There are a bunch of us genealogists researching John Zufelt Hudson, and we would all like to know who his parents were. We all have the same piece of evidence, a few typewritten pages passed from hand to hand, much photocopied, outlining the descendants of Stephen Remington and Thankful Hill, of Rutland, Vermont, and later, Onondaga County, New York. I have no idea who wrote the original copy, I got mine from my sister, who got it from… someone. (I wasn’t great about citing my sources back then.)
Stephen and Thankful’s daughter, Meriba, my fourth great-grandmother, married John Zufelt Hudson. What a great name, Zufelt. Is it Dutch? I have no clue. But I finally have a prime suspect for his parents. Amos and Mehitable (?) Shepherd Husdson. You may not agree with me, but I’m going to outline my reasons for suspecting Amos and perhaps we can pool our evidence and finally solve this mystery.
1. According to the entry for his death in the 1850 census (requires Ancestry.com subscription), John was born about 1807 in New York. He was a shoe maker. In the 1800 and 1810 U.S. censuses (Ancestry.com), Amos Hudson is the only Hudson listed as a head of household in Onondaga County, New York, where John Z. Hudson lived. In 1800, Amos has 3 male children under 10 in his household. In 1810, he has 1 male child under 10 in his household, 1 aged 10-15 and 1 female child under 10. Amos and his presumed wife, the only female in the household, are aged 26-44 in both censuses, which would mean that they were born between approximately 1766 and 1774.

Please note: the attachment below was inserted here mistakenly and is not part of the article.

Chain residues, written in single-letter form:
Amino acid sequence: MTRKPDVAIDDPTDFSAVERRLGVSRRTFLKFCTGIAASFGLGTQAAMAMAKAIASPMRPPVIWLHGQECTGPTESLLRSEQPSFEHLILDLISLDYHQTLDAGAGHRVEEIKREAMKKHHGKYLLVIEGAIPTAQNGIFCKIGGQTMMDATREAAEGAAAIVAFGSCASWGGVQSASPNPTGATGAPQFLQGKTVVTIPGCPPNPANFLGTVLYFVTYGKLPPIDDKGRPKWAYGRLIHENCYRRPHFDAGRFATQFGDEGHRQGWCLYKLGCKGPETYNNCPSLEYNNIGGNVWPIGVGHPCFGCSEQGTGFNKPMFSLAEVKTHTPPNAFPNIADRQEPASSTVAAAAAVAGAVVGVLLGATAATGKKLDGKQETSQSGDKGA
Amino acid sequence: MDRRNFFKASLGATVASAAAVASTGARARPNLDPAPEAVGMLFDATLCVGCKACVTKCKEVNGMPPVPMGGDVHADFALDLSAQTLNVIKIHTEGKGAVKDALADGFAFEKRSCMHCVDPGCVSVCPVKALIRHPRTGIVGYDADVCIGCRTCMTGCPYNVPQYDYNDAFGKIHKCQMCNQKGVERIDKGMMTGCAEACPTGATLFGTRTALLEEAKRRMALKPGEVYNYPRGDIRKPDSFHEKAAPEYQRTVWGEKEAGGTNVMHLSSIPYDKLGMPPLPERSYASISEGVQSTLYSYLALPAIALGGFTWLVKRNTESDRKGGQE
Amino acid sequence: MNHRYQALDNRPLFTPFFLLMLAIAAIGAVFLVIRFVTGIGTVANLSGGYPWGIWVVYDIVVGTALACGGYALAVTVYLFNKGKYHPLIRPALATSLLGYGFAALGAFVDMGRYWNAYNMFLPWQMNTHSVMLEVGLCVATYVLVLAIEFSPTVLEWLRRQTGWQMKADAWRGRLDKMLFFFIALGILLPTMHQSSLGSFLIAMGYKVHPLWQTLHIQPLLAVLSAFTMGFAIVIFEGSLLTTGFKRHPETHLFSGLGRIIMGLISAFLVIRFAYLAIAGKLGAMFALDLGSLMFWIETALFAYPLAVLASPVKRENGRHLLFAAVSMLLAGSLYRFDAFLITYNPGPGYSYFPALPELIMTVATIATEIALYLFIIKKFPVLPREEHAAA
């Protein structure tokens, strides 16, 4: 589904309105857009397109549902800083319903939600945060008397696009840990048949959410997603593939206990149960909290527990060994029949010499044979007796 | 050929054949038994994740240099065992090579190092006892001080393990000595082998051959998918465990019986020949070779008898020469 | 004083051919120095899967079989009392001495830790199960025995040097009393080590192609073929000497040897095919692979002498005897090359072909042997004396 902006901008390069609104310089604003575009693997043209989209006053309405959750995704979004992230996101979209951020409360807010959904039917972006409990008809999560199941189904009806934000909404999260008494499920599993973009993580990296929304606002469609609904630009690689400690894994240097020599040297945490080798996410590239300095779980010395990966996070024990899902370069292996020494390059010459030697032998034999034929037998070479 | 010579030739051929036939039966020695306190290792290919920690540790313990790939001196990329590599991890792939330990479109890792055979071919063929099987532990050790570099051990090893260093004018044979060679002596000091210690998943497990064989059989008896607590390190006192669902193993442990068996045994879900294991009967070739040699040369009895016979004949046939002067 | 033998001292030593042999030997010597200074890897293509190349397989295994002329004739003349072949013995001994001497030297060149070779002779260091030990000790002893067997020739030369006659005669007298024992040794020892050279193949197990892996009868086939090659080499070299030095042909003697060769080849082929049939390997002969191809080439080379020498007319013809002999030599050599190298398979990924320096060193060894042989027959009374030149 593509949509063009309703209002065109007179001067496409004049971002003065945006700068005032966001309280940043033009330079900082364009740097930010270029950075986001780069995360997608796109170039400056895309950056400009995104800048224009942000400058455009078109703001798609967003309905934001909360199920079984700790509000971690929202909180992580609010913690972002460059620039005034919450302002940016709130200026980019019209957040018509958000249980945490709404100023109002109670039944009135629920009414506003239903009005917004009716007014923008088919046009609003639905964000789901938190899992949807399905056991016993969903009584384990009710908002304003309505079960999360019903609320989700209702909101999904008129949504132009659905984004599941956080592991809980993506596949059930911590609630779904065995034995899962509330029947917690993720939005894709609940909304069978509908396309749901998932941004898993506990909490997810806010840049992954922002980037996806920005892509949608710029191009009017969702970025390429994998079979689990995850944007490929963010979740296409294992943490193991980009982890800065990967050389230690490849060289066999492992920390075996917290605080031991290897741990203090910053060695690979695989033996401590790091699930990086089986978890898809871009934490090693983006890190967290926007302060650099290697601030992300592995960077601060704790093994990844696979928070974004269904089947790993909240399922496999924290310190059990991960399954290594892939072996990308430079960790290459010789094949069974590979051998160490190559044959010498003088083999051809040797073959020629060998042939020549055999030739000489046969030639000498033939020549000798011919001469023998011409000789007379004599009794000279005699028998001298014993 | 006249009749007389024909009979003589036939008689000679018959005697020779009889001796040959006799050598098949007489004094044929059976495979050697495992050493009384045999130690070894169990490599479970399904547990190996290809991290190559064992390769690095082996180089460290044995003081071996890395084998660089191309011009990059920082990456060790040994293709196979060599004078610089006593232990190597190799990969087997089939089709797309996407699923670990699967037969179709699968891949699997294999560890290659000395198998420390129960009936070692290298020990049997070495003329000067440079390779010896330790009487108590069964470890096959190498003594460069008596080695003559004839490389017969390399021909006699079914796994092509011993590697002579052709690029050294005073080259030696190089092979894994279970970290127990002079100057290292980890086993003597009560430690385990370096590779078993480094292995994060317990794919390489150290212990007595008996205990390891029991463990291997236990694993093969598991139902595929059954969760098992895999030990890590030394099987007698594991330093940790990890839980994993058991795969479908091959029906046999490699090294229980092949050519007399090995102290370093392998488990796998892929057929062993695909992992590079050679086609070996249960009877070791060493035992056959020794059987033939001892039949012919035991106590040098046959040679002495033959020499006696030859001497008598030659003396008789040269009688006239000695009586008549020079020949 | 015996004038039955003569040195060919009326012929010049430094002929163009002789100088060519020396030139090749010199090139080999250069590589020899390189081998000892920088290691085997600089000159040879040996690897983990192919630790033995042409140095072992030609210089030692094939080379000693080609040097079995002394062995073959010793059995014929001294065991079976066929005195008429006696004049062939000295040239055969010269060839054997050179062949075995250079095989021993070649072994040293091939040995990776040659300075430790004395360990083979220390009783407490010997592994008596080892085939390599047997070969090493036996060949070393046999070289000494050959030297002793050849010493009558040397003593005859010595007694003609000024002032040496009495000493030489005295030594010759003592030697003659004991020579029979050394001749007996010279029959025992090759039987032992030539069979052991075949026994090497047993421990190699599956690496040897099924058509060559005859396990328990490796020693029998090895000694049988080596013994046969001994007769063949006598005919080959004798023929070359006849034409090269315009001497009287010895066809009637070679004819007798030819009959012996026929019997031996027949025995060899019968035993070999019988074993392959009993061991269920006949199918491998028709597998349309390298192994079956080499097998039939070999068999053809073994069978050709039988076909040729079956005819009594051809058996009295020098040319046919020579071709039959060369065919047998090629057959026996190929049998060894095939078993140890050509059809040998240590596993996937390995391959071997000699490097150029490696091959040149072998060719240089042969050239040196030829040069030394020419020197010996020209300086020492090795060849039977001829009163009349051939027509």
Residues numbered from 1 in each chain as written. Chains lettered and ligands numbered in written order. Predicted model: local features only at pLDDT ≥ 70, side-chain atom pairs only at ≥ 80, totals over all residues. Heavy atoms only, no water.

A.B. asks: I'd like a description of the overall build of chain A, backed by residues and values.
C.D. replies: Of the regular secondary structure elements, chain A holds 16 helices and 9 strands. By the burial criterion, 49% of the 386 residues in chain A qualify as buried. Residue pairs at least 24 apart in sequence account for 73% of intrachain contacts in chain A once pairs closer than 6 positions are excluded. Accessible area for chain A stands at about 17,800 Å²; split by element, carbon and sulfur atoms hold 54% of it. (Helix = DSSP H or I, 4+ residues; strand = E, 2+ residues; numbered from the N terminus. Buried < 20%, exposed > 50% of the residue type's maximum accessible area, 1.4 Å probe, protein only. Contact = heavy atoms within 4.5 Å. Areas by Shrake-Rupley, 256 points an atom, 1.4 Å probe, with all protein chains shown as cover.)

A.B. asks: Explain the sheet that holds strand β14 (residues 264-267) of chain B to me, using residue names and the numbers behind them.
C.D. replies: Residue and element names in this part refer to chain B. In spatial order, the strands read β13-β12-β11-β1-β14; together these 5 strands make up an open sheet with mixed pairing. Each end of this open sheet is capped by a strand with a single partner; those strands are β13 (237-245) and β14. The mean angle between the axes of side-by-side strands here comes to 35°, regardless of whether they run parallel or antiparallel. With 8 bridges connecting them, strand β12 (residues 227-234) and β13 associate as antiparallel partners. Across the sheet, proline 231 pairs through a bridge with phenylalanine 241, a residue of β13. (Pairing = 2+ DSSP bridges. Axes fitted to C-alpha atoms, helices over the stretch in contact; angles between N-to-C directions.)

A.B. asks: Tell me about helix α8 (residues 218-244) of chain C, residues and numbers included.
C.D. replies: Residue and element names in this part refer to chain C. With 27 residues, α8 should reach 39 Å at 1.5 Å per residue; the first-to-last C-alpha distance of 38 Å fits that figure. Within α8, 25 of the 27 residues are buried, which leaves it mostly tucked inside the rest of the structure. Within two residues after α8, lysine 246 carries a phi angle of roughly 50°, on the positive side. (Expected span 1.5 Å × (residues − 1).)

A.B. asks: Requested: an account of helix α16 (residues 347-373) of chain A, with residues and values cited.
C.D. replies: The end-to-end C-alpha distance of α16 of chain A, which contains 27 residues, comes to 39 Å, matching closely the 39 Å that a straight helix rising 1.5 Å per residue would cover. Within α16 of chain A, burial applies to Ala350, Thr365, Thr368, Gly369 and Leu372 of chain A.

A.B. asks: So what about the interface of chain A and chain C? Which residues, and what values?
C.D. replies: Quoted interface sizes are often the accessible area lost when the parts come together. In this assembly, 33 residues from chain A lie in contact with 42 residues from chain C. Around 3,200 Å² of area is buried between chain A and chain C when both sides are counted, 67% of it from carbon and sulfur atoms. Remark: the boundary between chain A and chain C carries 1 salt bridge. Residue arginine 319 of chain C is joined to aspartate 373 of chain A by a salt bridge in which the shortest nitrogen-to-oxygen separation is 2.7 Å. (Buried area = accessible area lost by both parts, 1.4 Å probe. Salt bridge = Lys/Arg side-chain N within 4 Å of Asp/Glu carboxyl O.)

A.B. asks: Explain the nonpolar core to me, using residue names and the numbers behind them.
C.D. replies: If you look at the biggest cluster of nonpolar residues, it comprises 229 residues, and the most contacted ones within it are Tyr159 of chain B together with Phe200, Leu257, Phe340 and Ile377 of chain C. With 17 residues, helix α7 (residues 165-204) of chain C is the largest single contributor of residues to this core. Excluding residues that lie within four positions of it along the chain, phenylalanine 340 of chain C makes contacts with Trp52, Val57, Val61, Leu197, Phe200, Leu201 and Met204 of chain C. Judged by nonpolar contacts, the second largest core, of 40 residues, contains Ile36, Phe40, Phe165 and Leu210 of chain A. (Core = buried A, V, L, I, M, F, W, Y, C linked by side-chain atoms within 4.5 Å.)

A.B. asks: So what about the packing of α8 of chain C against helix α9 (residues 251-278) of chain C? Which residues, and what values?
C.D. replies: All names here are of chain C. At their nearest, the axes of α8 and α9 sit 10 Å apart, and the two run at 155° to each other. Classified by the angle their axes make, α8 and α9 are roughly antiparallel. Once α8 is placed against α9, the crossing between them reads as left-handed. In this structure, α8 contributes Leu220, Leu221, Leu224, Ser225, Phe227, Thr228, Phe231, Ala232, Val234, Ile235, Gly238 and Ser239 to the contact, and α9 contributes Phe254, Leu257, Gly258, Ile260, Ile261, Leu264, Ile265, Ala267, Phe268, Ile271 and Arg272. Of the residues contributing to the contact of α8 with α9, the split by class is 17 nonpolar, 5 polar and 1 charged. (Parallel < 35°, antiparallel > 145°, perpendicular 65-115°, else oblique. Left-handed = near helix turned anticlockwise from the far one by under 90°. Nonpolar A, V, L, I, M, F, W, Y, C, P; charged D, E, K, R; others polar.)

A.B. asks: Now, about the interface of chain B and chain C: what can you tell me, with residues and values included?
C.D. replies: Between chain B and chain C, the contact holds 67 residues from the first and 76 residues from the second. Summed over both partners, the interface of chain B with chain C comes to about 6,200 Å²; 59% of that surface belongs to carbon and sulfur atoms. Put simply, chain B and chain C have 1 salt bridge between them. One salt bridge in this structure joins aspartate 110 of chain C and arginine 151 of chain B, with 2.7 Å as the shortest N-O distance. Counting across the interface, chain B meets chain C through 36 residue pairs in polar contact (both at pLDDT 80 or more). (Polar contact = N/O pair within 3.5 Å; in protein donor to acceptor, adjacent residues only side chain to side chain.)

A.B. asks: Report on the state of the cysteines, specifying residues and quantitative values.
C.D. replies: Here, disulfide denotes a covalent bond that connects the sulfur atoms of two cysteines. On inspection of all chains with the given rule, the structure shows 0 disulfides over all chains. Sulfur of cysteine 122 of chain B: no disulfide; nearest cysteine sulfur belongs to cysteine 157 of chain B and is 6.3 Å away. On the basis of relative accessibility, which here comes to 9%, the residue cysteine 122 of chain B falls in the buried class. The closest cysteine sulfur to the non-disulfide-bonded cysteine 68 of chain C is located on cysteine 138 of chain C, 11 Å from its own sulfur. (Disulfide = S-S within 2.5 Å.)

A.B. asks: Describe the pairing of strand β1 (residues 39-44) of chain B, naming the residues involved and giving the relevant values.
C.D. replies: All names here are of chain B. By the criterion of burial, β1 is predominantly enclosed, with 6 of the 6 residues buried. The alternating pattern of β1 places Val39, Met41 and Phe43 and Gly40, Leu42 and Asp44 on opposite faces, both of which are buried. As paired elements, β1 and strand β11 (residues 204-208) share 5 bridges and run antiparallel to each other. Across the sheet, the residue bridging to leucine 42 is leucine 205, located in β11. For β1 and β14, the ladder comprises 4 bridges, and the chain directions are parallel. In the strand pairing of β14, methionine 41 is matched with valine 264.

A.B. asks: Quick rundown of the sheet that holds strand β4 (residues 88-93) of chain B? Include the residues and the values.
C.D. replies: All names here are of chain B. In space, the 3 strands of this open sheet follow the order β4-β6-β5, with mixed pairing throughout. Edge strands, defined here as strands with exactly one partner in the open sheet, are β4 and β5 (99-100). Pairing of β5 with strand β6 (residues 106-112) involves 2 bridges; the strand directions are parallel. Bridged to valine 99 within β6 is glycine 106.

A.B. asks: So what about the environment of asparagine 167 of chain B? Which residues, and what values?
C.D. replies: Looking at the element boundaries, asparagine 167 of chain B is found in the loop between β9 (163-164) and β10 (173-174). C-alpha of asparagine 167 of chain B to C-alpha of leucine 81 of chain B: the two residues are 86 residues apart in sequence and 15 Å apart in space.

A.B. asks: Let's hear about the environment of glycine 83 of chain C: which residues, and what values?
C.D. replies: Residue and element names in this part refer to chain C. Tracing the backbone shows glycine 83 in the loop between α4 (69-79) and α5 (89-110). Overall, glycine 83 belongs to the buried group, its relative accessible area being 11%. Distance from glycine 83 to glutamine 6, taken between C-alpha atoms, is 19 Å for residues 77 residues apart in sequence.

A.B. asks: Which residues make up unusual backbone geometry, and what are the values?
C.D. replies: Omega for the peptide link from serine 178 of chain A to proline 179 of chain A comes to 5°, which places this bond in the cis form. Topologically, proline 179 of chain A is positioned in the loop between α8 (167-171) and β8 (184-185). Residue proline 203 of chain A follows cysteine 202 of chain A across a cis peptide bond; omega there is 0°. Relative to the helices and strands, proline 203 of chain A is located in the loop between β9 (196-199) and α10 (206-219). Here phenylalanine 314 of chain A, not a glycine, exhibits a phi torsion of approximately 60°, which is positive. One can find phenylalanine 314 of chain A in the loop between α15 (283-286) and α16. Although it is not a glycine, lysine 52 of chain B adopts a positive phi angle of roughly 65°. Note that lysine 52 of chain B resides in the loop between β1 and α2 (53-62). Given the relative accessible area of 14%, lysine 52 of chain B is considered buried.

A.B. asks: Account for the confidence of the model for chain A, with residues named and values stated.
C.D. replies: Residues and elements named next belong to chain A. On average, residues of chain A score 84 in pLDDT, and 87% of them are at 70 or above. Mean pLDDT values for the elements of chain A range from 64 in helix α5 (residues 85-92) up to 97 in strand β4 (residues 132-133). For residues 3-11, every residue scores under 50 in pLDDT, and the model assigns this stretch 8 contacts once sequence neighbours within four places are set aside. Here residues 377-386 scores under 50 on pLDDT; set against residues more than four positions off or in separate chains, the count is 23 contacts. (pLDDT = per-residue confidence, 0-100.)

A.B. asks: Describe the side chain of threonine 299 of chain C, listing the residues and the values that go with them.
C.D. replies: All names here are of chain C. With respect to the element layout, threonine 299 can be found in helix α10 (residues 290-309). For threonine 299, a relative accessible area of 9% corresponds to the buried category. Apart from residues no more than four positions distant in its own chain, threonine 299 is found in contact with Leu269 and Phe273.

2. The Journal of the Rev. Hugh Wallis, transcribed at Onondaga NYGenWeb, says the following:
- Funerals attended by Rev. Wallis
1805, 11 Aug. Mrs. Amos Hudson
- Marriages Performed by Rev. Wallis Between Persons from Pompey and Fabius
1807, Aug. Mr. Amos Hudson to Mrs. ___ Shepherd, both of Pompey
3. There are two deeds involving Amos Hudson, the first in 1797, the second in 1811. In the first, Amos Hudson’s occupation is given as “tanner”, in the second, he’s listed as a “shoemaker”, just like John. In the second deed, his wife is named, Mehitable.
4. The Mrs. Shepherd that Amos married in 1807 is likely the Mehitable named in the deed. If John’s age at death is correct, and Amos is John’s father, then Mehitable is likely his mother. If John’s age at death is not correct, the first Mrs. Amos Hudson was likely his mother.
5. Amos Hudson died after 1811 (deed) and before 1820, when the “Widow Mehitable Hudson” is listed in the census. A male aged 16-18 was in the household with her. If this was John, then he may have been born before 1807. The 1840 census shows him as 30-39, or born between 1801 and 1810.
For me, the compelling details are that Amos Hudson is the only likely suspect in Onondaga County at the time of John’s birth — Amos is also listed in the Early NYS tax records from 1799-1803 — and he is a shoemaker, a fairly uncommon profession, just like John. I think this is John Zufelt Hudson’s father.